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Edith Windsor And Thea Spyer's Great American Love Story

You probably already know that Edith Windsor spent her later years fighting for marriage equality, but how much do you know about the whirlwind romance that started it all?

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After divorcing her husband, a young Edith Windsor asked her friends to, "Take me where the lesbians are."

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As she describes it, when she went to the movies, she secretly identified with movie star Dick Powell, not with his co-star Ruby Keeler. After less than a year of marriage, she asked her husband for a divorce.

The first night Windsor met Thea Spyer they "danced a hole through the bottom of one of Edie's stockings."

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They met in 1963 at Portofino, a New York restaurant where lesbians felt free to openly congregate.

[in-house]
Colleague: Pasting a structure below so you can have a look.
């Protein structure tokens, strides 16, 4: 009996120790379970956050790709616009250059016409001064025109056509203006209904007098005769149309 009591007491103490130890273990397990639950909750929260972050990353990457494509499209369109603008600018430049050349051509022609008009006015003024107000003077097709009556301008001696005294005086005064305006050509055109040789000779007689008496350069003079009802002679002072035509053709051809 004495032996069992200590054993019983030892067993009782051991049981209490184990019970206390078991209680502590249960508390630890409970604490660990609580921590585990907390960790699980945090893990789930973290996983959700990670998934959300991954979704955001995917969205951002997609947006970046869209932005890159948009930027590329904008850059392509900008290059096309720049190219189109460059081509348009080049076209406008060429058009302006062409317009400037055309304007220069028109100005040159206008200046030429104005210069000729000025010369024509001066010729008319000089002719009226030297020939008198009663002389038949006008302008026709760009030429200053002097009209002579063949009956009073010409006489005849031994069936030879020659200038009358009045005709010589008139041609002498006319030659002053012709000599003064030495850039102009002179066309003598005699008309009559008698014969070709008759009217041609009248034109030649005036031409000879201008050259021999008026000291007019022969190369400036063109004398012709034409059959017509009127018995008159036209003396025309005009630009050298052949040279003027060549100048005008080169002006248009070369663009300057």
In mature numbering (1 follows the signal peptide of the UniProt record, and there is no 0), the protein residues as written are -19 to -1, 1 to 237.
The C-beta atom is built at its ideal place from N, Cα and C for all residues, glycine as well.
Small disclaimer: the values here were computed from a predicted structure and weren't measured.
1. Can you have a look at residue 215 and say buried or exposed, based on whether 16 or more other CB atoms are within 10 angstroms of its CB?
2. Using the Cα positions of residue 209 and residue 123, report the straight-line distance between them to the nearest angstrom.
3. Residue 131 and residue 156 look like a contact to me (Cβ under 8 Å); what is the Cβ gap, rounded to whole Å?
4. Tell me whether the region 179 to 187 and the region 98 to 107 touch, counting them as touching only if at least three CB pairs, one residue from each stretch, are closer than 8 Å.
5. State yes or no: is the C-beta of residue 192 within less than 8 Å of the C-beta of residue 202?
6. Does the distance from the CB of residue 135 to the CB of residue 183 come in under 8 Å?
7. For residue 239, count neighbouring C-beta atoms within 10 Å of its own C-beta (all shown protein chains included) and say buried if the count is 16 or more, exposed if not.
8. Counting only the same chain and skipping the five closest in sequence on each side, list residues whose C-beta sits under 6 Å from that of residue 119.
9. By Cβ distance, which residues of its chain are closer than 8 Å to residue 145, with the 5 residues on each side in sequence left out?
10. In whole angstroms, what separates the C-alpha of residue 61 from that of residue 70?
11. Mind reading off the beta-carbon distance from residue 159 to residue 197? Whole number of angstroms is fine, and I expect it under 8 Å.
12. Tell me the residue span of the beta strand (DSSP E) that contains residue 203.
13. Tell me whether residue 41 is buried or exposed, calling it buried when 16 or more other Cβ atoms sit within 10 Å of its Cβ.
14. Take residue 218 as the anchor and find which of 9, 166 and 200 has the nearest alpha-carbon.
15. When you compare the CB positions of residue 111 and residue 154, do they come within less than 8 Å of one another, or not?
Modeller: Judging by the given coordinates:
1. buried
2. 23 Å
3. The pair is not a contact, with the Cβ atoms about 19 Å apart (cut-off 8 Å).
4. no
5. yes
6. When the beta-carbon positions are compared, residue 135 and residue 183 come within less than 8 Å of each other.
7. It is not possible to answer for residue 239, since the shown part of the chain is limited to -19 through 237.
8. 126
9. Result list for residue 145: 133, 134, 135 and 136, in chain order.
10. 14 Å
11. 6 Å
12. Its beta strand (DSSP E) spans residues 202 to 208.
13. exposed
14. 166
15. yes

A love story so cinematic, it was made into a feature length film:

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The award-winning 2009 documentary film, Edie and Thea: A Very Long Engagement by Susan Muska and Gréta Olafsdóttir.

Thea was diagnosed at 45 with multiple sclerosis. Windsor then took early retirement to become a full-time caregiver.

As her condition worsened Thea was restricted to crutches, and later a wheelchair. By 2002, Spyer was diagnosed with a cardiovascular condition called aortic stenosis. At that point, Spyer was quadriplegic and got around by using an adjusted mouse to maneuver her wheelchair.


When Thea's doctor told her she had under a year to live, they flew to Toronto to be legally wed.

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On May 22, 2007, Edith Windsor and Thea Spyer were legally married by Canada's first out gay judge, Justice Harvey Brownstone.

Thea passed away only 21 months after the wedding.

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Not only did she have to cope with Spyer's death, she was also was forced to pay more than $350,000 in federal estate taxes because the federal government didn't recognize her marriage to Spyer.

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